I’m currently preparing for a school visit to the department [SHARE – the School of History, Archaeology and REligion]. The Widening Access project, SHARE with Schools, is a project that focuses on breaking down barriers between Higher Education and students of High School age in Cardiff and the Cynon Valley. Some of the schools we visit are in Community First areas, and all send a very low percentage (5% in the case of one particular school) to university. We return to the same six schools on an annual basis, visiting Year 7, Year 9 and Year 12. The project hasn’t been going for very long – it’s in its second year – and so it won’t be until the following academic year (2013/14) that we will see our original Year 7s again in Year 9. It will be great to see what long-term impact we can have.

SwS has a blog of its own – here – so you can follow the progress of the project and find out more about us. There you will find the Romans in Wales workshop resources for teachers and for pupils. That’s the Year 7 workshop, which has strong links to the CAER heritage project, based on the dig at Caerau, which featured on Channel 4’s Time Team last year.


The Tribal Logo Project

In addition to the Romans in Wales workshop, there are two Year 9 workshops, one for the Cardiff schools based on Cardiff castle from Medieval times to present day, and the other for the Cynon Valley schools, focusing on life in the Cynon Valley in the Nineteenth Century. The Year 12 workshop is more a general chat with Year 12 pupils about Higher Education, structured around a presentation with financial and career elements and ice breaker activities. All the workshops have at least one postgraduate [PGR] coordinator present, but are led by trained undergraduate [UG] volunteers. The UGs gain classroom experience and transferable employability skills, and we PGRs gain management and coordination experience, as well as experience with administration, teaching and engagement. I really enjoy all the aspects of the project, from working with the students to planning the activities.

On the 13th June, we have a mixed Year 9 and Year 7 group coming to visit Cardiff University following our visits to their school. We’ve put together a different programme for them including a series of 30min workshops that we do not deliver in schools as part of our usual round of visits. I’m currently putting together a medieval workshop that involves YouTube videos of trebuchet firing and duelling knights, designing your own shield, a guess-that-knight quiz, and firing model seige engines at a target (for which I must thank Dr James Jenkins).

Here’s a version of the Heraldry Quiz, aimed at the Able and Talented ability group of 11-14 year olds!

“Heraldry” is the name given to the signs and symbols that knights and lords used to identify themselves. The colours and symbols all have their own special names – a kind of code, based on Latin and French, the languages that the rich and educated people spoke. See if you can crack the code and match the shields to their owners!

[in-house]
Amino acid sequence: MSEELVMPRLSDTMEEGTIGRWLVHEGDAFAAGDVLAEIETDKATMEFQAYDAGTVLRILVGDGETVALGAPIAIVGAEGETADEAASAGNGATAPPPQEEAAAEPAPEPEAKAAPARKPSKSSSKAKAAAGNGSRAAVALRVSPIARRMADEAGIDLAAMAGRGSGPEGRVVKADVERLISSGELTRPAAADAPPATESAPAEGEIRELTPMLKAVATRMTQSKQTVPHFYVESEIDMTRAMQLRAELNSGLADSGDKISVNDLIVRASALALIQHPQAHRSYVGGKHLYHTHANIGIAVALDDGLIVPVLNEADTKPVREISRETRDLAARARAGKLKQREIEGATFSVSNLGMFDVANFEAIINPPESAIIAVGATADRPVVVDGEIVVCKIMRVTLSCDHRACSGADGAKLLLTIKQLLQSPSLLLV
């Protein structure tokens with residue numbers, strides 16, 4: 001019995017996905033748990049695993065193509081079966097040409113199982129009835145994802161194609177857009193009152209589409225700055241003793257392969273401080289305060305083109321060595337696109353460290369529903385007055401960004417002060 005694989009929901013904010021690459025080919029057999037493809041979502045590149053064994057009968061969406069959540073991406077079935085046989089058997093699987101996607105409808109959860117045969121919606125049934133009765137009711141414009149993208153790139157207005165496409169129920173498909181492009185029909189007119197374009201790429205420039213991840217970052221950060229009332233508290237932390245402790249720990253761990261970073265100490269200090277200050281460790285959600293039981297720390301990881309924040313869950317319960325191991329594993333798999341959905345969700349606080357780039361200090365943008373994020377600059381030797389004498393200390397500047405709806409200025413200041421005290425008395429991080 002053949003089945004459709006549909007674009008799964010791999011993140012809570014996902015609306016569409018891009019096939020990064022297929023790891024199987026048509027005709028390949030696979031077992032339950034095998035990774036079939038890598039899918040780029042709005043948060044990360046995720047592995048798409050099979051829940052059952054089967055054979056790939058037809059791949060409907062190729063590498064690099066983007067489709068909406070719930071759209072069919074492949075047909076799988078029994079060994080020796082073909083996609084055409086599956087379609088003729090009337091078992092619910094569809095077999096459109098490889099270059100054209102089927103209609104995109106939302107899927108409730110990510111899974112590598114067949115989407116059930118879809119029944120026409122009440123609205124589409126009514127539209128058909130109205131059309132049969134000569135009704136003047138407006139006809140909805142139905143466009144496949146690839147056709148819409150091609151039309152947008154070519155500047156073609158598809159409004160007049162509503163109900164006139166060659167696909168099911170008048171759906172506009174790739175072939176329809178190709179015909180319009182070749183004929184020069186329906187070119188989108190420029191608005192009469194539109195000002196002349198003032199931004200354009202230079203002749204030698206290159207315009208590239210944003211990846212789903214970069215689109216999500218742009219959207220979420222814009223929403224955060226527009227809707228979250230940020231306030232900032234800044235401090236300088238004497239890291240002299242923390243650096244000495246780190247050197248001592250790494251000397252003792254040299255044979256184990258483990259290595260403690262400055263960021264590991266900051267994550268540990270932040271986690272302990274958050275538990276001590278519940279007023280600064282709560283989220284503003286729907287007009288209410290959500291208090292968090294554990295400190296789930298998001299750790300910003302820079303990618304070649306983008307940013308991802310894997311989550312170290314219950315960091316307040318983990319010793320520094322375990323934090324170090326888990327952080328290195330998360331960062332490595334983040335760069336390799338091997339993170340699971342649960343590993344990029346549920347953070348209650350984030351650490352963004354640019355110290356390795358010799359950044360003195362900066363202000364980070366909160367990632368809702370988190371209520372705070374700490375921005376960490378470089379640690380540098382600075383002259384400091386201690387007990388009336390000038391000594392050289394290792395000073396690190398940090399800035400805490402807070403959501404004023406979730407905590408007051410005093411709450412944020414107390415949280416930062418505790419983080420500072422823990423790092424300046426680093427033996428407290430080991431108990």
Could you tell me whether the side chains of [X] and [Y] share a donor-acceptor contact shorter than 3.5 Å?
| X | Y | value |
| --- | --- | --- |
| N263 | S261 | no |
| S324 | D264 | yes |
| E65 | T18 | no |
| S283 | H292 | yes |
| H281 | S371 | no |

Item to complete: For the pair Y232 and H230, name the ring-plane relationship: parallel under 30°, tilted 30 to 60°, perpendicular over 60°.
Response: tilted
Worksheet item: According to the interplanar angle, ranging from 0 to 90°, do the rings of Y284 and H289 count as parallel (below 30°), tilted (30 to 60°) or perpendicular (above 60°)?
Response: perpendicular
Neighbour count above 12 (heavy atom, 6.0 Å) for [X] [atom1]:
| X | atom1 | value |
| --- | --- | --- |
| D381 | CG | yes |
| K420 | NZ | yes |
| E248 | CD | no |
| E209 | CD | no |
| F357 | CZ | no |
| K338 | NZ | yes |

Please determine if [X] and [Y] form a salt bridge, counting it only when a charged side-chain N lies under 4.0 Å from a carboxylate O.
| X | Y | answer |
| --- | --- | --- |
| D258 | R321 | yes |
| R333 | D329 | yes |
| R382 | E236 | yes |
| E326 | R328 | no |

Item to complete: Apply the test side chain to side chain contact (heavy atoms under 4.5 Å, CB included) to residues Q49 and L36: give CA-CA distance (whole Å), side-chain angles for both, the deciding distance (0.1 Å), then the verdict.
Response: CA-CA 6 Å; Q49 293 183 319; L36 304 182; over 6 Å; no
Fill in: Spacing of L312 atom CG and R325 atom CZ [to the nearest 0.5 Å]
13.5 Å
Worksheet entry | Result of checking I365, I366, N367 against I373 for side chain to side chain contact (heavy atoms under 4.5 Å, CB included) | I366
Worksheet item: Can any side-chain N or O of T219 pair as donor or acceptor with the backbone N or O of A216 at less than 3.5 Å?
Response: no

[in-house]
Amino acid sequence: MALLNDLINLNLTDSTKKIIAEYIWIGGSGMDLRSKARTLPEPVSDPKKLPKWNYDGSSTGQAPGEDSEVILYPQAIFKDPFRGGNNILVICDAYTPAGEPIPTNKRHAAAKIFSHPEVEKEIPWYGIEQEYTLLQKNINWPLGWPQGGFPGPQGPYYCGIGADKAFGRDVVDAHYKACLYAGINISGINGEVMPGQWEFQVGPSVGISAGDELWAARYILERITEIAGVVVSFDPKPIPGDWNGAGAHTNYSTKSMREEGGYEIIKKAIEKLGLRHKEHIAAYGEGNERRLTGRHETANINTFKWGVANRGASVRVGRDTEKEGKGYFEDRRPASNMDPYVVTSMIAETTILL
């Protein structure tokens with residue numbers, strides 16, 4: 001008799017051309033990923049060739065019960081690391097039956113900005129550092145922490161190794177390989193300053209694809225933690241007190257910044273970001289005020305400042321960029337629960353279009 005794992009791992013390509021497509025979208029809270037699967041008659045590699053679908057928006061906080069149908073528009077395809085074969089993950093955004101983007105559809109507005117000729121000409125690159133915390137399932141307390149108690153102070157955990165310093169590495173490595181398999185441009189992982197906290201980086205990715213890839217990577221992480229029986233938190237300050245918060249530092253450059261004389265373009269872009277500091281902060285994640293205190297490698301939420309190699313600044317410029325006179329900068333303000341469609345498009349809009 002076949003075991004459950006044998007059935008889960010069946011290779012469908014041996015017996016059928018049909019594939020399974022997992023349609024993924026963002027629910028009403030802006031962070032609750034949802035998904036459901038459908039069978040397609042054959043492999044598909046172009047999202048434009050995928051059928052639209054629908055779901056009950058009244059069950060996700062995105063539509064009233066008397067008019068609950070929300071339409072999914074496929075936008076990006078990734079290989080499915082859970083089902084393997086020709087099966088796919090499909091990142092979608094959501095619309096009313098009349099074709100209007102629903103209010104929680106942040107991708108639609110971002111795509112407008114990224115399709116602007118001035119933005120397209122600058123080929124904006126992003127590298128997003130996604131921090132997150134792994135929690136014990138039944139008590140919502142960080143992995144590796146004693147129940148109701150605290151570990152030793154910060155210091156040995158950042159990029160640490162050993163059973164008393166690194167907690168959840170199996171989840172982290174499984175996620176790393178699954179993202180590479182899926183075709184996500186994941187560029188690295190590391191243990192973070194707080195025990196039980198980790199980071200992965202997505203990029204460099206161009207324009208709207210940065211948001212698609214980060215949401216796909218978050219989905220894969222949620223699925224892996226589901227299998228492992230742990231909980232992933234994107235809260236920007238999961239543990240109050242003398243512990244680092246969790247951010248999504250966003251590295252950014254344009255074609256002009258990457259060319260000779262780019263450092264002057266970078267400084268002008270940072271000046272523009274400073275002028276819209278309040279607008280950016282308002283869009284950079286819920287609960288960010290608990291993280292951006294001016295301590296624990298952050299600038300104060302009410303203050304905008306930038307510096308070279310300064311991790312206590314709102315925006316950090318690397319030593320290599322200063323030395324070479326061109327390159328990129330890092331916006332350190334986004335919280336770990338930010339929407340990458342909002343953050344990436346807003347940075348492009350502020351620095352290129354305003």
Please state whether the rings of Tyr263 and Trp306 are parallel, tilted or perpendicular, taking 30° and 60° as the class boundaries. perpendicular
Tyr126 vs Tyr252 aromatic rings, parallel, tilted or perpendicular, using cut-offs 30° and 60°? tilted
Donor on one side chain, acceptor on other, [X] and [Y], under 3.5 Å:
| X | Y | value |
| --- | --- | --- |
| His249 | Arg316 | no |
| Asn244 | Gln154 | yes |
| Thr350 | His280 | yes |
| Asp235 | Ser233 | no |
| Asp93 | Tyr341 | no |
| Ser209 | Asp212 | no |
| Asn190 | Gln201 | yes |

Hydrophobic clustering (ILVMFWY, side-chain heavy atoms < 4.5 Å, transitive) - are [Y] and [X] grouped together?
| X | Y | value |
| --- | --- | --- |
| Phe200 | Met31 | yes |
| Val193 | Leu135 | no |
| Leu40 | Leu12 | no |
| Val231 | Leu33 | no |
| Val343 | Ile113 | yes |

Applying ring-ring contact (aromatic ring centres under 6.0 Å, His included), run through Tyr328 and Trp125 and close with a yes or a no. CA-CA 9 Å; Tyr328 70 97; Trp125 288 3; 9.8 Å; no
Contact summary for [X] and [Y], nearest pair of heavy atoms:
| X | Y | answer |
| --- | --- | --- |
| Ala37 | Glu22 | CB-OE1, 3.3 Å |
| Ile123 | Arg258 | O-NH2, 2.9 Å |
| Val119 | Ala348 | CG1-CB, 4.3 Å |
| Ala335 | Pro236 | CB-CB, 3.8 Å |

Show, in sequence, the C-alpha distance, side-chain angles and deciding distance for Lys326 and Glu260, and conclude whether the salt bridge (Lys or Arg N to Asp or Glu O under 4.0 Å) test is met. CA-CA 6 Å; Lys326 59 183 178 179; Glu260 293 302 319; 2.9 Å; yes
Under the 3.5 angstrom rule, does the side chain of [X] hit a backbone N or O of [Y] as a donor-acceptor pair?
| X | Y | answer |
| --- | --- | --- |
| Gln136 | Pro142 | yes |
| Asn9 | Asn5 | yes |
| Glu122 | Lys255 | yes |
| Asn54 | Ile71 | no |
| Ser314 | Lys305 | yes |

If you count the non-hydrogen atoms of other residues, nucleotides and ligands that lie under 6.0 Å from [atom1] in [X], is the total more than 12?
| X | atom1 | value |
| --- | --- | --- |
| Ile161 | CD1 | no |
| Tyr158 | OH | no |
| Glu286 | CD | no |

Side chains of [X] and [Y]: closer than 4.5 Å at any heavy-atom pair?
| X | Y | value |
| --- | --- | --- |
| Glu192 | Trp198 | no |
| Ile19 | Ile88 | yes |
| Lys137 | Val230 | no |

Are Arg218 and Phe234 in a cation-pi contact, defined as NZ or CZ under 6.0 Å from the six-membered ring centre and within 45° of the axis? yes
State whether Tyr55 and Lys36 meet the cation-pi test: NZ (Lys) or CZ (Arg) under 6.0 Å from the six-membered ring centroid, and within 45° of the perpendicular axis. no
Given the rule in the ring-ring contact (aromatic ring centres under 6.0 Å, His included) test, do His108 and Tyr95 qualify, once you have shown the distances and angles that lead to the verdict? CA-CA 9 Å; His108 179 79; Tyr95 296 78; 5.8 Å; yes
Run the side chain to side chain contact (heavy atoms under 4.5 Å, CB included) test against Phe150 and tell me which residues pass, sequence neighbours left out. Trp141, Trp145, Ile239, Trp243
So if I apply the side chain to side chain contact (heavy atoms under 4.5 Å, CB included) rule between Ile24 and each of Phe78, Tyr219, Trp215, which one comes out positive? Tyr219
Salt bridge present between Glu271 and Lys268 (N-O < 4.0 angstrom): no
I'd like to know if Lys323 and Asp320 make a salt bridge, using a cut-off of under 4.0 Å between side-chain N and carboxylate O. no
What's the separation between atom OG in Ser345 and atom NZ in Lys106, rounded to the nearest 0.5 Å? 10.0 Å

Code Breaker

The colour of the background is described first. Then whatever is on it!


Red – gules

Green – vert

Gold – or

Silver/White – argent

Black – sable

Purple – purpure

Blue – azure


Rectangle/bar across the middle – fess

V shapes – chevrons

Animal Poses




The names are all derived from (old) French:


Walking past, shown with one foot raised


Standing, with all four feet on the ground


Leaping or jumping, with both front paws off the ground, and both back paws on the ground


Rearing up, with only one (back) paw on the ground

Sejant Erect

Sitting, but with the front paws raised up, similar to rampant


Seated or sitting


Lying down, but with the head raised; the animal is awake


Lying down, asleep. The head is down with the eyes closed. Sometimes the head rests on the front paws, sometimes beside them. The tail is sometimes depicted down lying on the ground alongside the back legs

Match the Description to the Shield

  1. Argent, lions gules passant
  2. Or, sleeve gules
  3. Or, three chevrons gules
  4. Gules, three Catherine wheels            .
  5. Half gules half azure, three bundles of wheat
  6. Or and azure, lions passant
  7. Gules, three leopards’ heads with fleur-de-lys
  8. Gules, lions passant, azure fess
  9. Azure, fess argent, lions rampant
  10. Or and gules, lions rampant

Guess who the shields belonged to!

  1. Lady Katherine Swynford
  2. Humphrey de Bohun
  3. Gilbert de Clare
  4. King Edward I
  5. William de Cantilupe (a servant of King Edward’s father, King Henry)
  6. Prince Llewellyn ap Gruffudd (the last Welsh prince of Wales!)
  7. Dafydd ap Gruffudd (a Welsh prince)
  8. Owain Glyndwr (Welsh lord who rebelled against the English)
  9. John de Hastings
  10. William de Braose


  1. Lions and leopards showed that the person was very important (or thought they were!).
  2. Sometimes the symbols would be linked to the person’s name.
  3. The de Clares don’t have animals on their shield.
  4. William de Braose might have had a lot of good farmland.
  5. Humphrey de Bohun’s shield has argent and azure on it.
  6. There are only three lions on King Edward’s shield.
  7. Prince Llewellyn liked silver better than gold.
  8. John de Hastings looks pretty fashionable!
  9. Owain Glyndwr’s shield has lions rampant on it.
  10. Dafydd’s shield shows lions sticking their tongues out!

Leave a comment with your answers! (The numbering on the shields goes top to bottom, left to right).